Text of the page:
For some people, Hijab is a matter of faith. For some, it’s a sign of their devotion to God and for some people like myself, it’s an extension of their identity.
I started doing Hijab because of the amount of pressure that I faced from my peers and my family. But during my growth process, I had an identity crisis and stopped doing it, eventually. The remarks of hostility, bashing, criticism, and taunts that I got to hear as a result of this “disgraceful” act, they are still carved in my mind.
Being a teenager, you always look for the validation and approval of what you choose to wear. I did the same with the hijab that I had started wearing.
The lack of validation from people around me for me starting to observe the hijab made my relationship with it very confusing. I couldn’t understand if my choices were problematic and how I could reconcile what I wanted to do with what was “comfortable” for people around me.
Why did I start observing Hijab in the first place?
I used to go to school with a few of my friends from the neighborhood. They used to wear burkas. Every day I had to face aunties and my friends with questions like, “Don’t you feel awkward when three girls are walking with you all covered, and you have not even covered your head?” I had no answer to this. I felt awkward indeed.
All the men, on our way, would stare at me just like a scanning machine is fixed in their eyes. I secretly wished to have worn a burka too at that moment – not that it would have made a difference. I just couldn’t bear it anymore and started observing Hijab soon after.
“Nau sau choohay kha k billi Hajj ko chali.” That is how people greeted me the first day I wore it.
After my school, I entered college. Another period of seeking validation began. I saw girls who were comfortable with who they were. They didn’t need an extension of their identity. I started feeling anxious because I was trying hard to belong there. That Hijab was not my own identity, I MADE it my identity so that I could feel safe and validated.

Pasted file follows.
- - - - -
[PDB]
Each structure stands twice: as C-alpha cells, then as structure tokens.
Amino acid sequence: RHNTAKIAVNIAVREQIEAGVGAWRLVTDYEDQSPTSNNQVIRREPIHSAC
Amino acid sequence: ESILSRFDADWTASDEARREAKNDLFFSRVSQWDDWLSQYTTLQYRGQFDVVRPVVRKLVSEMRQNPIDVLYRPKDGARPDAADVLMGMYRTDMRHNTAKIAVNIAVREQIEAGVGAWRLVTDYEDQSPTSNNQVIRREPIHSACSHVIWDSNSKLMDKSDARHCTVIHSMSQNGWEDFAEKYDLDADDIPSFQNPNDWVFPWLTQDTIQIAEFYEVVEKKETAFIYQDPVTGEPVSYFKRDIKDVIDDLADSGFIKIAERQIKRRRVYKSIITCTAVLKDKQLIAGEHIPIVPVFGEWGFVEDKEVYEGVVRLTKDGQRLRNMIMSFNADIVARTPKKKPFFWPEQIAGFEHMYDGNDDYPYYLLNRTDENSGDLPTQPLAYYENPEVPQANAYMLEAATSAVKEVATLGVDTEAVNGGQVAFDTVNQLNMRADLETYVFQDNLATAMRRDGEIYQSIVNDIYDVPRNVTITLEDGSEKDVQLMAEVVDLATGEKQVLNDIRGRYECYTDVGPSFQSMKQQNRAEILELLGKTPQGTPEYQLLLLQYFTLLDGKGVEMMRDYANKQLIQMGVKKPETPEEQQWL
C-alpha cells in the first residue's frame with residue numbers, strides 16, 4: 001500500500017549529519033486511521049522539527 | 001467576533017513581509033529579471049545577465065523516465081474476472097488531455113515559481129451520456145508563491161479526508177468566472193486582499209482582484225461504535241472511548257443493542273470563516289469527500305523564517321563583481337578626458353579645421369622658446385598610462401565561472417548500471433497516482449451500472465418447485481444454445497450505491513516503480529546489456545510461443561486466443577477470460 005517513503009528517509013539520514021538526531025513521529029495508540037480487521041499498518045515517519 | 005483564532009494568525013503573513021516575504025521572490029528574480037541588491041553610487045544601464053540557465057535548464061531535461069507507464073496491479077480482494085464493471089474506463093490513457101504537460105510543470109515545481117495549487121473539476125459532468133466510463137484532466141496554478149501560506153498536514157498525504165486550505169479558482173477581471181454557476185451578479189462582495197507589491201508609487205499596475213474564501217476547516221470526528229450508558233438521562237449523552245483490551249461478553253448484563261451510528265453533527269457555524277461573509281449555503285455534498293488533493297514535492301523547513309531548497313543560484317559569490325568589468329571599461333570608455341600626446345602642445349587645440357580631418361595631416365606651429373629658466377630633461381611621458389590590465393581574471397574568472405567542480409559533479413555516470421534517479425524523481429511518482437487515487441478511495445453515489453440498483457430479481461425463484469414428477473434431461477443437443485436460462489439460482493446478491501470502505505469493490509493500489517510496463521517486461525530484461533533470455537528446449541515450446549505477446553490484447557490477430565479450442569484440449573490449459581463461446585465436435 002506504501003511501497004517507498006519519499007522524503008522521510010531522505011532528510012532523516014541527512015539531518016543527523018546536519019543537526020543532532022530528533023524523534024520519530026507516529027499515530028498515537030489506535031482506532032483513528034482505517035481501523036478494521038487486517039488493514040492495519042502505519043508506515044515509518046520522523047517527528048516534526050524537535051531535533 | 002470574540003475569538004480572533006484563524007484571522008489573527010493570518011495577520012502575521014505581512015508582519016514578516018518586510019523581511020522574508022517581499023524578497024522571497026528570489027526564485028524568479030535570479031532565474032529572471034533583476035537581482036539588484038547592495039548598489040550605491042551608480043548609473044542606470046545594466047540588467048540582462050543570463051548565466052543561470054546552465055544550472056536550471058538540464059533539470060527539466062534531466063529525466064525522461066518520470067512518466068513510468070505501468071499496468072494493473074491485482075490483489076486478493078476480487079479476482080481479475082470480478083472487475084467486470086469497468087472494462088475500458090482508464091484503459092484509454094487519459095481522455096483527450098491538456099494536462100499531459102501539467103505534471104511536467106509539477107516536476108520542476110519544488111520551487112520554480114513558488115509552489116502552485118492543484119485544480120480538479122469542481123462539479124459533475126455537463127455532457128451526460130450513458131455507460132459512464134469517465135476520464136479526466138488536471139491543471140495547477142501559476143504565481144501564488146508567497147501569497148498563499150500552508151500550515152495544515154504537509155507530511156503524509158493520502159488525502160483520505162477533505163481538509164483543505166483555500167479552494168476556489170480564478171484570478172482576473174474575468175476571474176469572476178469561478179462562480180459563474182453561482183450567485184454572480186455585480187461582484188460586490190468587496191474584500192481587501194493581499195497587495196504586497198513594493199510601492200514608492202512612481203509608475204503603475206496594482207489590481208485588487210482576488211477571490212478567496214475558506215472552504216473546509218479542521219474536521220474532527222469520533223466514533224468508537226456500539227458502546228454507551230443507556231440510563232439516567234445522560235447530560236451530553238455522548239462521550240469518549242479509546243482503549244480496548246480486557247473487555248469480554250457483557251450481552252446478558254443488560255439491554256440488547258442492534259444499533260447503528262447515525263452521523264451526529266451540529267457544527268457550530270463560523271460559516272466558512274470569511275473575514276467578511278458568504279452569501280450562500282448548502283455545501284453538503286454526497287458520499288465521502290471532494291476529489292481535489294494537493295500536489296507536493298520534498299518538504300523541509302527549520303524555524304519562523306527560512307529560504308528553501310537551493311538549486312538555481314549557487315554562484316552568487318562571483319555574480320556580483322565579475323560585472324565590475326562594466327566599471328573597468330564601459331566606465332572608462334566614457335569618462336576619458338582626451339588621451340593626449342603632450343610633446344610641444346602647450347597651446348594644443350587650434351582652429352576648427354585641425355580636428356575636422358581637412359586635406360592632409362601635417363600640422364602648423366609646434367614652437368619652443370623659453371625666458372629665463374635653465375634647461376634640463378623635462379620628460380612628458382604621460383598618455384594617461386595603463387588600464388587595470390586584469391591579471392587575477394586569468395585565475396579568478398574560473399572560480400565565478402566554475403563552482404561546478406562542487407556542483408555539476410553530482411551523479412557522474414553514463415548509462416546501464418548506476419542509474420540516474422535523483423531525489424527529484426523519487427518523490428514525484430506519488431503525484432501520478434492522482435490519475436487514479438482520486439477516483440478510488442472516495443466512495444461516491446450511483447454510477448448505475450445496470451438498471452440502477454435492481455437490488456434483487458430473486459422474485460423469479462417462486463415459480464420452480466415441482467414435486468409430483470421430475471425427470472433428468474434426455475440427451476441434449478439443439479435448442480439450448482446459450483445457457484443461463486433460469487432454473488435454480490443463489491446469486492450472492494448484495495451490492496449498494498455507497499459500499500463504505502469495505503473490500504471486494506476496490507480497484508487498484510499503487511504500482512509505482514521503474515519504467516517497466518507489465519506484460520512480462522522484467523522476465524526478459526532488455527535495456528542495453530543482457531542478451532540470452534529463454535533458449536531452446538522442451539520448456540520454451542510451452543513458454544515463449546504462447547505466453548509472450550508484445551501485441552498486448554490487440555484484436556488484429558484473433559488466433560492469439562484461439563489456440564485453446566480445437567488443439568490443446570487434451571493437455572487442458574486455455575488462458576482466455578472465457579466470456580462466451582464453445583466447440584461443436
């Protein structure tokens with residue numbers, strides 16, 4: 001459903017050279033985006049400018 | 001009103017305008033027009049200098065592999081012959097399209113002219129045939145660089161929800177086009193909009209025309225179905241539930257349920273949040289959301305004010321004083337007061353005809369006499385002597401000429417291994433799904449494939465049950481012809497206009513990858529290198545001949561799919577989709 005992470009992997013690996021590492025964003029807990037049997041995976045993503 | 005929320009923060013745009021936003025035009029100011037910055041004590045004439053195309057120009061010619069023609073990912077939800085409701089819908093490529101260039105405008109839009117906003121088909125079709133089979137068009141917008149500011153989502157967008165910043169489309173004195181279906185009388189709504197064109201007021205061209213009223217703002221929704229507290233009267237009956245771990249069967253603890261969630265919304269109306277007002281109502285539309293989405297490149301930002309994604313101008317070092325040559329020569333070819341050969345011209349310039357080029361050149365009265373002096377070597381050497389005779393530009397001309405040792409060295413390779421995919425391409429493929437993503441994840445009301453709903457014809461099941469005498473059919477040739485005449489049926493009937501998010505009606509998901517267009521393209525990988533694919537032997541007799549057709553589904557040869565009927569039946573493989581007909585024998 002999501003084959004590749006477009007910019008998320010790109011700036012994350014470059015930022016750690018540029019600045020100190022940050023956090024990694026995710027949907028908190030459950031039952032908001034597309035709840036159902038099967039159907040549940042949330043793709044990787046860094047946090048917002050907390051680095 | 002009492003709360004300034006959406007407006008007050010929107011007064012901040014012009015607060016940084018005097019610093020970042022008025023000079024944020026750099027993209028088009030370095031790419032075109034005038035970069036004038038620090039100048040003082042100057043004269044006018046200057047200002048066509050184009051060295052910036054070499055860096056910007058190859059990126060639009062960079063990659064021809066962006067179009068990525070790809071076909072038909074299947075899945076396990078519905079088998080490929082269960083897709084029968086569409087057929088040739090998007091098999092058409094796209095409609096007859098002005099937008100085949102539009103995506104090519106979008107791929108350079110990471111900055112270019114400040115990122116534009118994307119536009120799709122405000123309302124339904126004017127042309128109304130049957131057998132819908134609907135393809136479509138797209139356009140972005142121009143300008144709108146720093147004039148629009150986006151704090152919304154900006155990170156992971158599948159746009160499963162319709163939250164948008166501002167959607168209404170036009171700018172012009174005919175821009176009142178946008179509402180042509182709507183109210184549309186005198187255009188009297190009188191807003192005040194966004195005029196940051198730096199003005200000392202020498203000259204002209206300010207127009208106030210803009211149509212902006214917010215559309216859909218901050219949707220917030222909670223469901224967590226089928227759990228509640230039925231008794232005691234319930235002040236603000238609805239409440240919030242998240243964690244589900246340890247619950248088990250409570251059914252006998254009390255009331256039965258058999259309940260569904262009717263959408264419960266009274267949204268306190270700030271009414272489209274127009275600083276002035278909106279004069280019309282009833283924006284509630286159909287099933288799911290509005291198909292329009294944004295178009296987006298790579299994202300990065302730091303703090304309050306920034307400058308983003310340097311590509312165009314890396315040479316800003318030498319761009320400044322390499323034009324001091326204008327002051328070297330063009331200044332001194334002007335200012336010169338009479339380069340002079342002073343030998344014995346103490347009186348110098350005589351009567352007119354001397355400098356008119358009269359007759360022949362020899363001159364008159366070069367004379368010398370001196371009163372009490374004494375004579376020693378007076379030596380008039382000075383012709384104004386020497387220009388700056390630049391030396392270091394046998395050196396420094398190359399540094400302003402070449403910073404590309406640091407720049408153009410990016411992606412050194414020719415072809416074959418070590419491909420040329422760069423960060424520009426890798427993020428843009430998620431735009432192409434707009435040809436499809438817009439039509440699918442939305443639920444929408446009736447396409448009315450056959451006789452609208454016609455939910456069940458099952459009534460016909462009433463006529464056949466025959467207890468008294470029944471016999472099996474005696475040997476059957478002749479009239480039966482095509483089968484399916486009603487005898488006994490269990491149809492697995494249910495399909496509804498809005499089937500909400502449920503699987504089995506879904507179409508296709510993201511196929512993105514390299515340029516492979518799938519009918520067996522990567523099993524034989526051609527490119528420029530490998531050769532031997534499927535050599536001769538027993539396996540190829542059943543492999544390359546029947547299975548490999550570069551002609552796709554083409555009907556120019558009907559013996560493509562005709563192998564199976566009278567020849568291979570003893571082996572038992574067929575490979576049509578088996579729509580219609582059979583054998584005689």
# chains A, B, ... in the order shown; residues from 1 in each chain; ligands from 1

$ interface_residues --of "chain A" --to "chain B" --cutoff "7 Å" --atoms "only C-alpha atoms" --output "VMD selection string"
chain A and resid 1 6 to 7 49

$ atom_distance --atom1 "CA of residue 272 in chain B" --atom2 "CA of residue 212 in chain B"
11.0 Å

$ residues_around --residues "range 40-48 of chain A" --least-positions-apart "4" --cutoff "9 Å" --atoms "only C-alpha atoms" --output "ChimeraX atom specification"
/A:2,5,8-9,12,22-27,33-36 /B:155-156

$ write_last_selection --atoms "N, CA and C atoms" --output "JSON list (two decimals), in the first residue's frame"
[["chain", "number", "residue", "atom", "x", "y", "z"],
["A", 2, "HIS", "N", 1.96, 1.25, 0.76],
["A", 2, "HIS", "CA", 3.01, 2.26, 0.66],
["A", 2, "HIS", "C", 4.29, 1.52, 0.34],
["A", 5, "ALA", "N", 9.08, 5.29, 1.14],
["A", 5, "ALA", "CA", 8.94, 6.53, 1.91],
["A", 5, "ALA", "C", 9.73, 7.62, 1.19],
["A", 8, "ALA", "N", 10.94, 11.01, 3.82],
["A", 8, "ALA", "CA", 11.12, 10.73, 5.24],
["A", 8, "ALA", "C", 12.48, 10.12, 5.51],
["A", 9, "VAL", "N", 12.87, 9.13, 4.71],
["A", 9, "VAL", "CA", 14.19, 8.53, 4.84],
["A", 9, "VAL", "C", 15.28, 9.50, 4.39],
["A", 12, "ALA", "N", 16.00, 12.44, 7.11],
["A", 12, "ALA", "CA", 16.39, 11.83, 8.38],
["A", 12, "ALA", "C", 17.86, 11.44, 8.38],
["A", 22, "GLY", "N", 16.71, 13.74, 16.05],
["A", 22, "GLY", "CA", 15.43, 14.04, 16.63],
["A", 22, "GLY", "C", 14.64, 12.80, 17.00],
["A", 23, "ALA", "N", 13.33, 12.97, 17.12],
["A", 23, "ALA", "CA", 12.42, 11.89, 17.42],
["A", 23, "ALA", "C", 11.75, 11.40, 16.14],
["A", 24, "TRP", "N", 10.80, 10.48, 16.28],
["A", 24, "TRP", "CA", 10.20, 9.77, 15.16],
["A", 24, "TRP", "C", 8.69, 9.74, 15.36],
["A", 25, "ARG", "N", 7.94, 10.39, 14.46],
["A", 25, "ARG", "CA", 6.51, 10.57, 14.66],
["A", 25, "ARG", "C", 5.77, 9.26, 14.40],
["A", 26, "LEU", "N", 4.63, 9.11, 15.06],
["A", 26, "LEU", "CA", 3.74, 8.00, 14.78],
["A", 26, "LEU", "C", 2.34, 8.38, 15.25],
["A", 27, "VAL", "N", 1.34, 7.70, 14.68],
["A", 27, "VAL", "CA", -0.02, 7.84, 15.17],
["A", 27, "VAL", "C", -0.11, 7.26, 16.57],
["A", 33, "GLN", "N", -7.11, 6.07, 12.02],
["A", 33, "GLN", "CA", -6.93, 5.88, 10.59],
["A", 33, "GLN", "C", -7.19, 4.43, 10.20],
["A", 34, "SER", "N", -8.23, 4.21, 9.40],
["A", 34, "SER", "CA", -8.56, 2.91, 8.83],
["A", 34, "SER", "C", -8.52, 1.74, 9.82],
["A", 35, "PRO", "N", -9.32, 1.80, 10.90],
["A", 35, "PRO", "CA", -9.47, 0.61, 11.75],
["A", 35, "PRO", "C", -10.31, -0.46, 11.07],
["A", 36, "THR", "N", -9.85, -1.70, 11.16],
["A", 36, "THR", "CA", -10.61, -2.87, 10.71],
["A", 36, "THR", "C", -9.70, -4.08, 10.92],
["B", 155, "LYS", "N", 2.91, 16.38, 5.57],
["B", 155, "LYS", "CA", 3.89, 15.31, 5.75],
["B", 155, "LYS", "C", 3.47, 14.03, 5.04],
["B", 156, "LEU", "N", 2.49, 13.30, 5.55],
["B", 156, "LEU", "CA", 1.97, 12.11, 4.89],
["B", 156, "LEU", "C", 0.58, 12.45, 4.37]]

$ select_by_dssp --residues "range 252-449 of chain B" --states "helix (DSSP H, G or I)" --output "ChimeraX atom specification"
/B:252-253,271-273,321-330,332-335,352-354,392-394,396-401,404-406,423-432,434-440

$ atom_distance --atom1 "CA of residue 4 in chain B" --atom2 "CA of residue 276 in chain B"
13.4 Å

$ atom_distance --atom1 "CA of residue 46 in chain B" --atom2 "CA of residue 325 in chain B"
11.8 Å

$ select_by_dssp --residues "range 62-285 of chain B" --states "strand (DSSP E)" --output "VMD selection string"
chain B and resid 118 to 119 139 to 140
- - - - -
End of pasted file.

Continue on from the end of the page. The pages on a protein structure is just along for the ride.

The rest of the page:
I felt conflicted after two years of not questioning the simple fact that I was somehow pressurized to decide to cover a part of my body – a decision that defined my sense of self and built a significant symbol and representation of myself to others. I was going through the same identity crisis again.
Finally, I stopped doing Hijab.
No, it was not easy. My mother was the first person to criticize. She tried to give me a reality check by uttering remarks like “College ki hawaa lagg gai hai”. My childhood friends did my character assassination when I uploaded my first picture on Facebook without it.
People said I looked prettier with my head covered. I went through proper interrogation. People had the audacity to ask me in person, “Why did you take it off?” “Are you trying to seek attention?”. I even got to hear “Koi Deen Imaan hai ya nahi?”
The message was clear that my personal decision was not welcome.
My peers were questioning and judging me. It threw me deep into a pit of anxiety. I feared more judgments and insults. I started being very selective in going out with people and reconsidered my friends’ circle. But my family wouldn’t stop scrutinizing me. It took me a while to become strong and firm about my decision.
An inner conflict is necessary to develop your individuality.
My struggle of finding my perplexed identity taught me so many things. Psychology says that it’s necessary to go through a specific amount of anxiety and depression in order to develop individuality and grow out of it, as a new person.
I have seen so many people facing an inner conflict about different issues that later helped them become a better and more authentic version of themselves. So, if you have an inner conflict going on, don’t snub it. It can be your chance to develop as a mature person.
An identity crisis – for whatever reason – can be a rough patch in your life, but it’s fruitful in the longer run. It is not a linear or static phase. You can go through it more than once until you find peace within yourself. Please help your peers if you see them struggling with themselves. Or at least give them the liberty to experiment whatever they want with their body.
Cover image via affinitymagazine.us